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Chapter 4 part 2(Foreign Direct Investment)

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Chapter 4  part 2(Foreign Direct Investment) Chapter 4 part 2(Foreign Direct Investment) Presentation Transcript

  • Fourth Edition International Business
  • CHAPTER 6 Foreign Direct Investment
  • Chapter Focus
    • This chapter seeks to identify the economic rationale that underlies Foreign Direct Investment. For example, why do some firms prefer FDI to exporting or licensing. Is the need for control, part of the answer?
  • Foreign Direct Investment
    • FDI occurs when a firm invests directly in facilities to produce and/or market a product in a foreign country.
    • Starbucks invested $10m in Japan in 1996.
  • Foreign Direct Investment
    • FDI occurs when a firm invests directly in facilities to produce and/or market a product in a foreign country.
      • Once a firm undertakes FDI, it becomes a multinational enterprise (multinational = more than one country).
  • Foreign Direct Investment
    • FDI takes two forms:
      • Green-field investment: establishing a wholly new operation in a foreign country.
      • Example ; starbucks
  • Foreign Direct Investment
    • FDI takes two forms:
      • Green-field investment: establishing a wholly new operation in a foreign country.
      • Acquiring or merging with an existing firm in the foreign country.
      • Example: Rank-Xerox, Grameen-Danone
  • Foreign Direct Investment
    • NOTE:
    • Investing in foreign financial instruments (Portfolio Investment like govt. bond, foreign stocks) IS NOT FDI.
  • Flow and Stock of FDI
    • Flow:
      • The amount of FDI undertaken over a given period of time (usually one year).
    • Stock:
      • Total accumulated value of foreign-owned assets at a given time.
  • FDI Outflows 1982-2000 Figure 6.1
  • FDI Flows by Region Figure 6.2 Index
  • Reasons for FDI Growth
    • FDI circumvents potential future trade barriers.
    • Many firms preferred the US for FDI because of the hostile trade attitude shown by the US
  • Reasons for FDI Growth
    • FDI circumvents potential future trade barriers.
    • Dramatic political and economic changes occurring in developing countries.(Opening up the economy in India , China, Singapore,etc )
  • FDI into Developed and Developing Nations: 1990-2000 $Billion Figure 6.3
  • FDI Outflows by Selected Countries, 1994-1999 Figure 6.5
  • The Form of FDI: Acquisitions versus Greed-Fields
    • The majority of investments is in the form of mergers & acquisitions:
      • Represents about 77% of all flows in developed countries.
      • Represent about 33% of all flows in developing countries.
        • Fewer target firms to acquire.
    • Why the preference for mergers & acquisitions?
      • Quicker to execute.
      • Foreign firms have valuable strategic assets.
      • Believe they can increase the efficiency of the acquired firm.
  • FDI and Risk
    • FDI is expensive and risky compared to exporting or
    • licensing:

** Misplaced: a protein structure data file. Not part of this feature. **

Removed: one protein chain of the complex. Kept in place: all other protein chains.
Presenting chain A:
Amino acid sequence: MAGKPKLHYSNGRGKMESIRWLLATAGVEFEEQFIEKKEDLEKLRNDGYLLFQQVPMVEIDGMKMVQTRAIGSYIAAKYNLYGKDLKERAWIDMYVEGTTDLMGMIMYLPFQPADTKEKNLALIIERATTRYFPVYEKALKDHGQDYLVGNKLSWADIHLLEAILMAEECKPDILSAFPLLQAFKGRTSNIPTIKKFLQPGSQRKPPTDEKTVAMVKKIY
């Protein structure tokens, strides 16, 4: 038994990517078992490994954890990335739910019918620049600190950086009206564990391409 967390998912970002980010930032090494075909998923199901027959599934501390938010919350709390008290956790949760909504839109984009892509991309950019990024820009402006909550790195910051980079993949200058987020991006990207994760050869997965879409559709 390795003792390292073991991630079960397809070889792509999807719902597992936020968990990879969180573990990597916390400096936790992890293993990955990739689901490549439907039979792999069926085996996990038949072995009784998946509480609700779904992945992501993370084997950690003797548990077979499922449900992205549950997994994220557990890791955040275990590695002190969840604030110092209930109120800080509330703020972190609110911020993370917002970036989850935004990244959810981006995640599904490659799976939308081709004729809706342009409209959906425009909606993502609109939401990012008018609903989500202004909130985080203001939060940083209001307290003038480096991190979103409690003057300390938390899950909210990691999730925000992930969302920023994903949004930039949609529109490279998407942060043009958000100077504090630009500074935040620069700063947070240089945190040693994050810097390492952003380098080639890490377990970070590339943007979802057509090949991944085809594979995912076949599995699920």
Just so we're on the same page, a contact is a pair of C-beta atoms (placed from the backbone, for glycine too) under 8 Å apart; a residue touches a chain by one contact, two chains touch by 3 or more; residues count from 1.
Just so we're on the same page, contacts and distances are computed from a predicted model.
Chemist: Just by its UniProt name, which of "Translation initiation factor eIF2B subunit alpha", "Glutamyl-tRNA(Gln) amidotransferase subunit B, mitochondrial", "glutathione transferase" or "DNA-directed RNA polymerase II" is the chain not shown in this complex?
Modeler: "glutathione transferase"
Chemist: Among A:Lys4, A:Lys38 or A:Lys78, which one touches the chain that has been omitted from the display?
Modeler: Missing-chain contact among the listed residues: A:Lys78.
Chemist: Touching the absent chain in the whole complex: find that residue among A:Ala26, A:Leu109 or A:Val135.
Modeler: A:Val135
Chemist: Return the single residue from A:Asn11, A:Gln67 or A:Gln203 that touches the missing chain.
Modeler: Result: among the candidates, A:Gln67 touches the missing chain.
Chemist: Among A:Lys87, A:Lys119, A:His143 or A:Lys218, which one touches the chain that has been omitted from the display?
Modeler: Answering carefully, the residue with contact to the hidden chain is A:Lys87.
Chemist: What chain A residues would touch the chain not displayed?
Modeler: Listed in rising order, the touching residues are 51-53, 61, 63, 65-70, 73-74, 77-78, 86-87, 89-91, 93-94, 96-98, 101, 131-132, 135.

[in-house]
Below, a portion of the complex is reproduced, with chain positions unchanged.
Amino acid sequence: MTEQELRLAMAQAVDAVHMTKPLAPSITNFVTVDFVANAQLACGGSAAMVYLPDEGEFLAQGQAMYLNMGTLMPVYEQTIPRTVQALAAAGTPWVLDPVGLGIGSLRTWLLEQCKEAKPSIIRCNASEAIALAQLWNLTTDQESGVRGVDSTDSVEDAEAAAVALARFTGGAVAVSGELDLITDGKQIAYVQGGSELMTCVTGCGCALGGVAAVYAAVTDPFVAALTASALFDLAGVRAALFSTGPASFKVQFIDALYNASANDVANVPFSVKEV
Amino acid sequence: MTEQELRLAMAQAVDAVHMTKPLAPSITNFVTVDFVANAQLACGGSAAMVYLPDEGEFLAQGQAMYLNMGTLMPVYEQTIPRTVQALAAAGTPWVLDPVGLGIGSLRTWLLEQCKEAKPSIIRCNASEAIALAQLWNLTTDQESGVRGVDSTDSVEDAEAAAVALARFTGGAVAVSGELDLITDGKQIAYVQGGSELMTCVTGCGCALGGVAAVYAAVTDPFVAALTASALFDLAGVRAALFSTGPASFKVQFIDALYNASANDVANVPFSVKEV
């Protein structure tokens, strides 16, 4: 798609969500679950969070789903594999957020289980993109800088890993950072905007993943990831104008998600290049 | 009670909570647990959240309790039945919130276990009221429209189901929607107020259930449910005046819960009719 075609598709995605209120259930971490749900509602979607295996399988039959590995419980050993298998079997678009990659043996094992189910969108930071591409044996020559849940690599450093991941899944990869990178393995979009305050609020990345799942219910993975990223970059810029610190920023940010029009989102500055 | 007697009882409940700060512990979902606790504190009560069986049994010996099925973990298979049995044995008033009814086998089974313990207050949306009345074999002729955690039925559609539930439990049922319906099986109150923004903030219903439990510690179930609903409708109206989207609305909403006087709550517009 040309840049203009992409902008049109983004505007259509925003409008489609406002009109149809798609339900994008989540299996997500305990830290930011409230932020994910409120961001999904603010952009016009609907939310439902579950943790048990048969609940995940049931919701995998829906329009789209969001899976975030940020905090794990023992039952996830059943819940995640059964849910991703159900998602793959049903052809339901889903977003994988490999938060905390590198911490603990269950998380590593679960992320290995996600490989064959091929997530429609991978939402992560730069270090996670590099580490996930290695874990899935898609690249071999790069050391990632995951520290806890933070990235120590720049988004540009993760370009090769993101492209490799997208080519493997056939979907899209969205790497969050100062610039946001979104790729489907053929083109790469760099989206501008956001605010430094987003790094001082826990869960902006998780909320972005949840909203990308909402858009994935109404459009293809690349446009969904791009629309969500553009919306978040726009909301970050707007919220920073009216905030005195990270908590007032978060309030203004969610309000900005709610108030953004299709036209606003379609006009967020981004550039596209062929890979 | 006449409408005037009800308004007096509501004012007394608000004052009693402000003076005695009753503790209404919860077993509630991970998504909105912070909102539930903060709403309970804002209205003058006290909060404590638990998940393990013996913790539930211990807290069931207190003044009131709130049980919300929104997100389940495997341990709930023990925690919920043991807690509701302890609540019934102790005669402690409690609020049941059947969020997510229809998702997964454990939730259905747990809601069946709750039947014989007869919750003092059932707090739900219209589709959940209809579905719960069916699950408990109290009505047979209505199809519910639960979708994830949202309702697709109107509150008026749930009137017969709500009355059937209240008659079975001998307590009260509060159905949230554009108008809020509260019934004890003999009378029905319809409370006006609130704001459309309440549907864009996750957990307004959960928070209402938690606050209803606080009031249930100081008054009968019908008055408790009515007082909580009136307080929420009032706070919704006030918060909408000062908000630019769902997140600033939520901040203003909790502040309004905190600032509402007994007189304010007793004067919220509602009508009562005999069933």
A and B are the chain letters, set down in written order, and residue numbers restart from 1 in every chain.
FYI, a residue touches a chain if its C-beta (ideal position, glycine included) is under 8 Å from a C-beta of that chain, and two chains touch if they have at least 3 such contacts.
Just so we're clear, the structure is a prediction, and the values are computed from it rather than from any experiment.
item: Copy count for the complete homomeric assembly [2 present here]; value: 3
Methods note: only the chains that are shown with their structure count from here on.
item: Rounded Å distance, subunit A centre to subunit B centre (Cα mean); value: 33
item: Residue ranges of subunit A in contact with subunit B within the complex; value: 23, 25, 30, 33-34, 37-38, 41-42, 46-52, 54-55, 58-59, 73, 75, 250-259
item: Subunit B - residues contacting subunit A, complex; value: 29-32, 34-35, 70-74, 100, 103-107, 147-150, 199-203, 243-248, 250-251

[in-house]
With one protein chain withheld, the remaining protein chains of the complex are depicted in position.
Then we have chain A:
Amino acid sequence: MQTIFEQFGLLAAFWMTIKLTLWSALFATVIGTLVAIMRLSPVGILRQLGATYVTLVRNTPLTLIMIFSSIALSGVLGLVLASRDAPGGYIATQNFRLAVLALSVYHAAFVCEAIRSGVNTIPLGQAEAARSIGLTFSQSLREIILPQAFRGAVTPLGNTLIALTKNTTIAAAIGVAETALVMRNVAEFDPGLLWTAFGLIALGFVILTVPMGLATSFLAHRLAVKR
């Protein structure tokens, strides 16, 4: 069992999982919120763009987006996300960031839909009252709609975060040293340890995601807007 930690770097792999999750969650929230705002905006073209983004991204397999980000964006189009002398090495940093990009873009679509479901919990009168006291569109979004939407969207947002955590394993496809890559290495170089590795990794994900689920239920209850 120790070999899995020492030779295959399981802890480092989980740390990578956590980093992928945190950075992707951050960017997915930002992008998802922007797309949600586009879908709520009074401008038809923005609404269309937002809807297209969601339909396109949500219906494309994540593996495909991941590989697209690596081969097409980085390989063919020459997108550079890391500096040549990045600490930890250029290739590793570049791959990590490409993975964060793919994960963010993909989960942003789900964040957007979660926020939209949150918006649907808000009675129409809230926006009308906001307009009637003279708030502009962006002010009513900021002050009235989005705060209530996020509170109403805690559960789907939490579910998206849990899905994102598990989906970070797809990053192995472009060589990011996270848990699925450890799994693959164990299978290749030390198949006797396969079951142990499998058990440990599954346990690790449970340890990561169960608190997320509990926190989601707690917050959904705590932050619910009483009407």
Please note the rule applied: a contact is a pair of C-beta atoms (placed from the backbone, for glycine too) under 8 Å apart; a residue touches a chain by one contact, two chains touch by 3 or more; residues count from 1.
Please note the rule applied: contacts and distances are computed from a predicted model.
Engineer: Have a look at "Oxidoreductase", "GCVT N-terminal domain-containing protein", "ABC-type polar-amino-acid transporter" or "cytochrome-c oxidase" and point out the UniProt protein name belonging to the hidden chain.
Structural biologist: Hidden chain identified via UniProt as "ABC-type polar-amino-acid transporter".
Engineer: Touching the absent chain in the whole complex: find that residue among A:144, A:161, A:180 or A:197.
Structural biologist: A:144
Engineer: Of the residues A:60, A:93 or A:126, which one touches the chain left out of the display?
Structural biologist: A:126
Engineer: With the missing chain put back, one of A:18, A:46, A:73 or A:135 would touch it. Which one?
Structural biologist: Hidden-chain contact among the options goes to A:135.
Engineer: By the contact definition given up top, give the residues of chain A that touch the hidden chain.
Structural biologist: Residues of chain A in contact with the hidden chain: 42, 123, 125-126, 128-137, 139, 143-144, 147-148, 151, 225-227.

• Costs of establishing facilities.
      • Problems with doing business in a different
      • Culture.
      • But still FDI occurs . Why???
  • Horizontal FDI and Factor Considerations Horizontal FDI: when a firm invests in the same industry as in the home country Transportation Costs: High/low value to weight impacts costs. If the product is low in value-to-weight ration like soft drinks Or cement , then transportation costs add to the costs. Here , FDI is a better option. If the product has a high value-to-weight ration then exporting Is a better option unless there are other factors to consider.
  • Horizontal FDI and Factor Considerations Market Imperfections (Internalization Theory): Factors that inhibit markets from working perfectly. This includes (1) governments impeding the free flow of products between nations(Toyota), and (2) impediments to the sale of know-how.(RCA, Matsushita & Sony) Strategic Behavior: Concentrated industries (oligopoly) tend to mimic each other’s moves. Where there is multipoint competition, competing firms match each other’s moves to keep the competitor in check. Example: Orascom Vs Telenor
  • Horizontal FDI and Factor Considerations The Product Life Cycle: Suggests that foreign market demand leads to FDI, probably not true and therefore is not a good predictor of FDI. Location-Specific Advantages: Advantages that arise from using resource endowments or assets tied to a particular location (Dunning - eclectic paradigm) Example: Silicon Valley.
  • Vertical FDI
    • Two forms:
      • Backward: Providing inputs (raw materials, parts) for a firm’s domestic production processes.
      • Forward: An industry abroad sells the outputs of the firm’s domestic production processes.
  • Why Do Companies Engage in FDI?
    • Strategic Behavior: Can raise entry barriers or shut out new competitors, or circumvent barriers established by companies already doing business in the foreign country.
    • Alcoa and Alcan went to T&T to gain control over bauxite.
    • Market Imperfections: Need to overcome lack of know-how or the firm must invest in specialized assets whose value depends on inputs provided by a foreign supplier.
  • Impediments to the Sale of Know-how Impediments to the sale of know how Risk giving away know-how to competitors (BP & Shell) Licensing implies low control over foreign entity(Kodak Vs Fuji) Know-how not amenable to licensing(Starbucks, P& G)
  • A Decision Framework Figure 6.6 Yes How high are transportation costs and tariffs? Is know-how amenable to licensing? Is tight control over foreign operation required? Can know-how be protected by licensing contract? Then license Export Horizontal FDI Horizontal FDI Horizontal FDI High Yes No Low No Yes No